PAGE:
Results for 'Jay Oglivy'

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  1.  52
    The emergence of a sustainable future: Brainstorming better ways to globalize at the esalen institute.Frank Poletti & Jay Oglivy - 2003 - World Futures 59 (8):615 – 623.
    This article provides excerpts and highlights from the insights of twenty global leaders, business executives, and sustainability experts who gathered at the Esalen Institute in California for four days in March 2002 to discuss how to best leverage change toward an environmentally sustainable and socially equitable global economy. The conference topic was sparked by the path-breaking book Natural Capitalism, which outlines an expanded vision of capitalism suitable for the environmental era. The natural capitalism model is qualitatively different from industrial era (...)
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  2.  13
    Action, perception and the brain: adaptation and cephalic expression.Jay Schulkin (ed.) - 2012 - New York: Palgrave-Macmillan.
    A study of contemporary philosophical and neuroscientific perspectives on the relation of action, perception, and cognition as it is lived in embodied and socially embedded experience.
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  3.  9
    Sport: A Biological, Philosophical, and Cultural Perspective.Jay Schulkin - 2016 - Columbia University Press.
    Sports are as varied as the people who play them. We run, jump, and swim. We kick, hit, and shoot balls. We ride sleds in the snow and surf in the sea. From the Olympians of ancient Greece to today's professional athletes, from adult pickup soccer games to children's gymnastics classes, people at all levels of ability at all times and in all places have engaged in sport. What drives this phenomenon? In Sport, the neuroscientist Jay Schulkin argues that biology (...)
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  4.  5
    Action, perception and the brain: adaptation and cephalic expression.Jay Schulkin (ed.) - 2012 - New York: Palgrave-Macmillan.
    A study of contemporary philosophical and neuroscientific perspectives on the relation of action, perception, and cognition as it is lived in embodied and socially embedded experience.
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  5.  37
    Inquiry, vision and objects: Foraging for coherence within neuroscience.Jay Schulkin - 2013 - Human Affairs 23 (4):616-632.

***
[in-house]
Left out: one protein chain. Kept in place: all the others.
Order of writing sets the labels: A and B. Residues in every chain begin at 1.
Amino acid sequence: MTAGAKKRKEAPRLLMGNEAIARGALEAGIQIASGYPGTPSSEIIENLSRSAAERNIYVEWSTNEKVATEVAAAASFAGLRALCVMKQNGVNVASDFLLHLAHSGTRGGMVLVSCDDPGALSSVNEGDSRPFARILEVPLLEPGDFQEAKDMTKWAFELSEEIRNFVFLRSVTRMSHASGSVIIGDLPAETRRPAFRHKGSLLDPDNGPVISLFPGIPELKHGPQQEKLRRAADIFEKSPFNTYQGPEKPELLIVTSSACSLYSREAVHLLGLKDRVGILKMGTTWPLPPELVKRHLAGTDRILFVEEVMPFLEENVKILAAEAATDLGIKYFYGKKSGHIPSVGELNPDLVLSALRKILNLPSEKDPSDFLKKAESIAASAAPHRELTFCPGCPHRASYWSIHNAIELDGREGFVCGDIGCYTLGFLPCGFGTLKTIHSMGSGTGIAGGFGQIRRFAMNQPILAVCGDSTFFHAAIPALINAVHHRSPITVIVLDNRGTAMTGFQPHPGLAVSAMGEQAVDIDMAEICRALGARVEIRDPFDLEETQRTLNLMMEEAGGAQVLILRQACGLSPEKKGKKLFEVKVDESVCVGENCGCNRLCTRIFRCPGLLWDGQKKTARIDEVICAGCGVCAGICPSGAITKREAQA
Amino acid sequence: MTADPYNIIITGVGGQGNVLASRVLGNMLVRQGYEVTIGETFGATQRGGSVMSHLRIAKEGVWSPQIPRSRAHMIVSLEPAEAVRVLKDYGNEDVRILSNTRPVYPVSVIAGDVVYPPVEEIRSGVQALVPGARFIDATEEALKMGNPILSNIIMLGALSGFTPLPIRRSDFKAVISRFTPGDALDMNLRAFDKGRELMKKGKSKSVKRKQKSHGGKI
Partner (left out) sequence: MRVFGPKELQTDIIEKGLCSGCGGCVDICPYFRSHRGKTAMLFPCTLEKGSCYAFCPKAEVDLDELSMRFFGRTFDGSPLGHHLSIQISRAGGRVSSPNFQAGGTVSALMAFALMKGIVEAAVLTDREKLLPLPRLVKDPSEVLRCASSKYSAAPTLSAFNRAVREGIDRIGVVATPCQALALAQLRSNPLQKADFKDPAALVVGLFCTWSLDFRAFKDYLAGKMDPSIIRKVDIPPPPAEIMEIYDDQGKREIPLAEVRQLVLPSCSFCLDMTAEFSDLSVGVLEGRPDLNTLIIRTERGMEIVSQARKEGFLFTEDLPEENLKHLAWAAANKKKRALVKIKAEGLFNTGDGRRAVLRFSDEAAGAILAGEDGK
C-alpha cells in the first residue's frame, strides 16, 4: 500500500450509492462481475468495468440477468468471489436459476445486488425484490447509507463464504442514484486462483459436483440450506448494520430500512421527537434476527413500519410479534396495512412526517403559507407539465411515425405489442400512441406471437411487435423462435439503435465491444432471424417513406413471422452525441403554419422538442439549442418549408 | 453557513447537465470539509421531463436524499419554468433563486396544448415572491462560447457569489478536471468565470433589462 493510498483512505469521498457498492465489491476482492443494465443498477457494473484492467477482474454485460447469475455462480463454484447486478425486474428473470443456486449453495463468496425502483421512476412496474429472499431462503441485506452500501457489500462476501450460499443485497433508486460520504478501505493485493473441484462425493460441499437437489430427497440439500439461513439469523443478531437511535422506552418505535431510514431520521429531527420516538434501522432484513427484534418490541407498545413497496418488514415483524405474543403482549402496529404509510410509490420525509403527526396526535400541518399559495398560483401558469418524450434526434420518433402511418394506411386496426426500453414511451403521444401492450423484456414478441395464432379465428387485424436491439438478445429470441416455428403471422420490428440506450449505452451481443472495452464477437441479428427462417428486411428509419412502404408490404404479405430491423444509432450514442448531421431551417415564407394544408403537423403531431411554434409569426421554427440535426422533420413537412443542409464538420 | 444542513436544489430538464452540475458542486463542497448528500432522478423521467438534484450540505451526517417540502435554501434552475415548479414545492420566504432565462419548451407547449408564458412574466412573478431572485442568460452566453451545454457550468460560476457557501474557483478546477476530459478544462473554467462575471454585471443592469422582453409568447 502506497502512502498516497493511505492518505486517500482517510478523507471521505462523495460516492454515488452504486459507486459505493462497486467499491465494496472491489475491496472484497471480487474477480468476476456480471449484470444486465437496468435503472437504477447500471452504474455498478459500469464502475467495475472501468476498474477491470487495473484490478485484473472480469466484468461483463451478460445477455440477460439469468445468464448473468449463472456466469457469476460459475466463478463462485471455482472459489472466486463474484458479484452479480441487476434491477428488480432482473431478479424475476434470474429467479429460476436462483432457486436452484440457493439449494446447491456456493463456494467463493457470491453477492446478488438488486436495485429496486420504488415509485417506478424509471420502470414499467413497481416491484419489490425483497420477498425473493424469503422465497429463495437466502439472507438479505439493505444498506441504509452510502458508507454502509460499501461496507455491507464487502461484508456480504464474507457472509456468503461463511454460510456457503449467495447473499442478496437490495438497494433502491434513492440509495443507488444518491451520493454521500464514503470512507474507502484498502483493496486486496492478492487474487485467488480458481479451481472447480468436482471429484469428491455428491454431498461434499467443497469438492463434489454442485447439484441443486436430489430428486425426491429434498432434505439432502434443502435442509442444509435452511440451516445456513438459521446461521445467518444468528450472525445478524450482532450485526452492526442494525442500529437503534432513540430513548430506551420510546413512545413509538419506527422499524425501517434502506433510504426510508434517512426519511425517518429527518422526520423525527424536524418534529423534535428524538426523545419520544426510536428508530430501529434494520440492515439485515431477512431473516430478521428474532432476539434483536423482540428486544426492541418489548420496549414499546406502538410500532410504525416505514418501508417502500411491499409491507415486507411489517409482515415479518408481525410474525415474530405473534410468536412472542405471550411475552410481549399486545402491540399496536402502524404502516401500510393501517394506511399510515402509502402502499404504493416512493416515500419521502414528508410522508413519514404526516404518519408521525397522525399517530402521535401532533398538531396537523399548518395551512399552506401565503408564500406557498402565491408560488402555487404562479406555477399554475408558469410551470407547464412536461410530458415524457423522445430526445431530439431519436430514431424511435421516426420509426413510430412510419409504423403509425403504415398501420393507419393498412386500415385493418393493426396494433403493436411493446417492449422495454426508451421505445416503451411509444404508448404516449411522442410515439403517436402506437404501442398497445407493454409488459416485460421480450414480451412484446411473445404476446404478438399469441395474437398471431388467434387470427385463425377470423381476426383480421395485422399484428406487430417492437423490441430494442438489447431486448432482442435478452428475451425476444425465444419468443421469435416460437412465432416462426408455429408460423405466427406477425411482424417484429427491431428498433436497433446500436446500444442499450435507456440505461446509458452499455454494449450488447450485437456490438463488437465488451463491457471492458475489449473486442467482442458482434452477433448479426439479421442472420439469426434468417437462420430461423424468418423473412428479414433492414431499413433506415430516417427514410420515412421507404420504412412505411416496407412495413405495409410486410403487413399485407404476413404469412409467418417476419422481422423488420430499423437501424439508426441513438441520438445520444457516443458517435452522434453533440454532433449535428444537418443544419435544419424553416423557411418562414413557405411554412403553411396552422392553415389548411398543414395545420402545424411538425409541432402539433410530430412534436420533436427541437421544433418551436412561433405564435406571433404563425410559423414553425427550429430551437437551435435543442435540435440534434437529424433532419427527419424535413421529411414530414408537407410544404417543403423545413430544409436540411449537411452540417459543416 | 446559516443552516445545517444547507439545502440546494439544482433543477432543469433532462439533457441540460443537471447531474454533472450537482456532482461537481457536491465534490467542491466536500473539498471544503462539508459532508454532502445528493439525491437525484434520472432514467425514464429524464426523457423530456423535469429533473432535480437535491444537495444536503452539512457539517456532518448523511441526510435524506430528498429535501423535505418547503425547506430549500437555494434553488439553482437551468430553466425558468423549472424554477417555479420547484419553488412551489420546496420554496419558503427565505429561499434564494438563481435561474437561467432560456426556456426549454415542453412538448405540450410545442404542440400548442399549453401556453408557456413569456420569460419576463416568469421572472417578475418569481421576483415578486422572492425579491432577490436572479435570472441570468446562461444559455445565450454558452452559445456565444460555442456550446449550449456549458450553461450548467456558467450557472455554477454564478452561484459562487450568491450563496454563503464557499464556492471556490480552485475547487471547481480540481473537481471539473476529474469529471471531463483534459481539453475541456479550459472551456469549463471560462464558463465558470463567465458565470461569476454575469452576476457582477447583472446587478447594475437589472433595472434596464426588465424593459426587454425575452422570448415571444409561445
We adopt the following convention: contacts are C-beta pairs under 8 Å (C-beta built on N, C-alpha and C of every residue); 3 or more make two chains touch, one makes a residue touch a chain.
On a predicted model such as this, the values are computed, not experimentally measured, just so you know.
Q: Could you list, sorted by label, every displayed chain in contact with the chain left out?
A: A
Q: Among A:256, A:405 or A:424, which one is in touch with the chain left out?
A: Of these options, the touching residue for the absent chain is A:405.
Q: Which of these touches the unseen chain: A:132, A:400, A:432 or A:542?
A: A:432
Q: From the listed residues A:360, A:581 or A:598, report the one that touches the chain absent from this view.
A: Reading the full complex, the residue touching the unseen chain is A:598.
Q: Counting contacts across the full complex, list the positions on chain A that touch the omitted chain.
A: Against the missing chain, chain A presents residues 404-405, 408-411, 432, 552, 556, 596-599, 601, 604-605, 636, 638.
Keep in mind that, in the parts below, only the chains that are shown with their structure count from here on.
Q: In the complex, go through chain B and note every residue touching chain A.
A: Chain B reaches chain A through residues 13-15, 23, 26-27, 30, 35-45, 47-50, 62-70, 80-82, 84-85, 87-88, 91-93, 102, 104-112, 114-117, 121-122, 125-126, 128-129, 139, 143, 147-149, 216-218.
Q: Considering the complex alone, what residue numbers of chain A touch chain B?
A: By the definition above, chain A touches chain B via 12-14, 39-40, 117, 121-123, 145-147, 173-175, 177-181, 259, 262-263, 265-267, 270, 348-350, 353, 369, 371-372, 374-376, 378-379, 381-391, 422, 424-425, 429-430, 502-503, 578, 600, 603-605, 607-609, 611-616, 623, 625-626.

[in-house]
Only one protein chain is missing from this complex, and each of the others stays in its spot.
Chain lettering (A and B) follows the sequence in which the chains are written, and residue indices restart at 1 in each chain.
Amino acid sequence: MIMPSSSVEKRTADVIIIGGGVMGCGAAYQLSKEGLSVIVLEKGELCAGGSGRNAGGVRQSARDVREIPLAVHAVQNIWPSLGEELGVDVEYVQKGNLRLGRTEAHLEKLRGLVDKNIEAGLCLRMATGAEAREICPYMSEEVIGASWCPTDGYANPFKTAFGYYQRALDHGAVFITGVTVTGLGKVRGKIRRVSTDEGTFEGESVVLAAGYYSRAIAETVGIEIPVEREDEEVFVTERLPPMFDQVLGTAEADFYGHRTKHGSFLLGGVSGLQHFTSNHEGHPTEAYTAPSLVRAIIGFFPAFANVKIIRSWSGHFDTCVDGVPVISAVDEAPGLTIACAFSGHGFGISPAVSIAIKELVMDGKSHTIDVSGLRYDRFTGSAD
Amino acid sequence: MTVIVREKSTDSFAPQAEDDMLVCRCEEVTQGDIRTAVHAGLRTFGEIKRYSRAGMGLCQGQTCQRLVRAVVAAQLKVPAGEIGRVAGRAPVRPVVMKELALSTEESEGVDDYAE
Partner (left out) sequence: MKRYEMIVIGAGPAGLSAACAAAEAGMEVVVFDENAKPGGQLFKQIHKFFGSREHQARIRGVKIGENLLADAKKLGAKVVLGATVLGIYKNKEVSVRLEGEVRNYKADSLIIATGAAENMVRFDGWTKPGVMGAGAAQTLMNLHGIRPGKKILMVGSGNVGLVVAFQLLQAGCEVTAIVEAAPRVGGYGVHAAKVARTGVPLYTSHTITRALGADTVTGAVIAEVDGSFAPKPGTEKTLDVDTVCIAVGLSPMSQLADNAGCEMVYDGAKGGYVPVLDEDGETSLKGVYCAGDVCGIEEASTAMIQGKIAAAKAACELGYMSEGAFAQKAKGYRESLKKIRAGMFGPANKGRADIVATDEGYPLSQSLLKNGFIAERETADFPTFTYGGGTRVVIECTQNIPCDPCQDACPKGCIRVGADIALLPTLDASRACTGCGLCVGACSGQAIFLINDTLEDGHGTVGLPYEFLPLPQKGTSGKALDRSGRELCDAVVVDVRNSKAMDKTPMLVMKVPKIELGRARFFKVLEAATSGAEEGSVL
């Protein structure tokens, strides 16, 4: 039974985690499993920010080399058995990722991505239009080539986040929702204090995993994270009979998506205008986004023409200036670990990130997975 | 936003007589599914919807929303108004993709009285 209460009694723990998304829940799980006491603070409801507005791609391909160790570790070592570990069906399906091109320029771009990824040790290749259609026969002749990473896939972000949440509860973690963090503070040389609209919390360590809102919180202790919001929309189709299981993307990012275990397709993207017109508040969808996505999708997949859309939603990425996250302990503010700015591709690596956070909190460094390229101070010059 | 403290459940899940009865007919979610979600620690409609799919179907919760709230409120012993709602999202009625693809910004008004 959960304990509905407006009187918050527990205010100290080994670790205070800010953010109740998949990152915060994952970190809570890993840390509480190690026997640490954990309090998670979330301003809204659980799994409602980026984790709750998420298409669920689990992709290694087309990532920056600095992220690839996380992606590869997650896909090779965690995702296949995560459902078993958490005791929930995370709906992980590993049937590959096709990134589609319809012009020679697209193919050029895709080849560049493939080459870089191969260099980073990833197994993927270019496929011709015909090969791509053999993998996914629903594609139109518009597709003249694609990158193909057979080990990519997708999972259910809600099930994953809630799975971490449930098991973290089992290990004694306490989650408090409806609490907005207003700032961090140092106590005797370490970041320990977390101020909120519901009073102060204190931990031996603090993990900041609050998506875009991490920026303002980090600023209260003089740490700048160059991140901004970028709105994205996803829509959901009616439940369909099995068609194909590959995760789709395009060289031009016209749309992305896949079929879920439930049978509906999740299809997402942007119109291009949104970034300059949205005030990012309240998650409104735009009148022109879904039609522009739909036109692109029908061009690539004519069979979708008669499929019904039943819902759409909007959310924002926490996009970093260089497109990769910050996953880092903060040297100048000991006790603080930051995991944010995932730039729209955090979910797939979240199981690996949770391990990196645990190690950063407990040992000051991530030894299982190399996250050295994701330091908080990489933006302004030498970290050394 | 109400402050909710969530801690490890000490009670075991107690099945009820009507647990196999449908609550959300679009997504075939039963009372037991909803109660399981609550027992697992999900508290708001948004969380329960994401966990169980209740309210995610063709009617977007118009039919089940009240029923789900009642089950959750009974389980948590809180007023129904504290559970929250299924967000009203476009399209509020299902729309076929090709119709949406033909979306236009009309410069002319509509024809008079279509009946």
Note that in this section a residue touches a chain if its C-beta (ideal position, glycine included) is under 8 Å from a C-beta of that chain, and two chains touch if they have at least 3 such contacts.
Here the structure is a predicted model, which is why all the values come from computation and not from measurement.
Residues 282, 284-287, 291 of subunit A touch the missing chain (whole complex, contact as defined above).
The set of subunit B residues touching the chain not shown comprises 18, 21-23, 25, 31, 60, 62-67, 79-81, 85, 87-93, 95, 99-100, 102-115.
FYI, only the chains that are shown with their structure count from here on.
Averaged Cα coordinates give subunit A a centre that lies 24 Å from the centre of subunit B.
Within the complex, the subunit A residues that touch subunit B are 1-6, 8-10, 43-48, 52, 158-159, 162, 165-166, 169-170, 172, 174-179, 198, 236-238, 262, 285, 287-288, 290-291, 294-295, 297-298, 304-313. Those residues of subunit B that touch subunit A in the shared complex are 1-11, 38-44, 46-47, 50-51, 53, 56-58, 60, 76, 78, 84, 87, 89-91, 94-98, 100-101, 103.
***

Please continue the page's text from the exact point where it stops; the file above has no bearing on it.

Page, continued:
We come prepared to track events and objects, building our knowledge base while foraging for coherence. Classical pragmatism recognizes that the acquisition of knowledge is in part a contact sport (e.g. Peirce, Dewey). One of the aims of neuroscience is to capture human experience. One route to perhaps achieve this may be through the study of the visual system and its expansion in our evolutionary history. Embodied cephalic systems, as Dewey knew well, are tied to self-corrective inquiry. A philosophy of (...)
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  6. The silent world of doctor and patient.Jay Katz - 1984 - Baltimore: Johns Hopkins University Press.
    In this eye-opening look at the doctor-patient decision-making process, physician and law professor Jay Katz examines the time-honored belief in the virtue of silent care and patient compliance. Historically, the doctor-patient relationship has been based on a one-way trust -- despite recent judicial attempts to give patients a greater voice through the doctrine of informed consent. Katz criticizes doctors for encouraging patients to relinquish their autonomy, and demonstrates the detrimental effect their silence has on good patient care. Seeing a growing (...)
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  7.  80
    Effect of Ethical Climate on Turnover Intention: Linking Attitudinal- and Stress Theory.Jay P. Mulki, Jorge F. Jaramillo & William B. Locander - 2008 - Journal of Business Ethics 78 (4):559-574.
    Attitudinal- and stress theory are used to investigate the effect of ethical climate on job outcomes. Responses from 208 service employees who work for a country health department were used to test a structural model that examines the process through which ethical climate (EC) affects turnover intention (TI). This study shows that the EC–TI relationship is fully mediated by role stress (RC), interpersonal conflict (IC), emotional exhaustion (EE), trust in supervisor (TS), and job satisfaction (JS). Results show that EC reduces (...)
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  8.  92
    Critical Role of Leadership on Ethical Climate and Salesperson Behaviors.Jay P. Mulki, Jorge Fernando Jaramillo & William B. Locander - 2009 - Journal of Business Ethics 86 (2):125-141.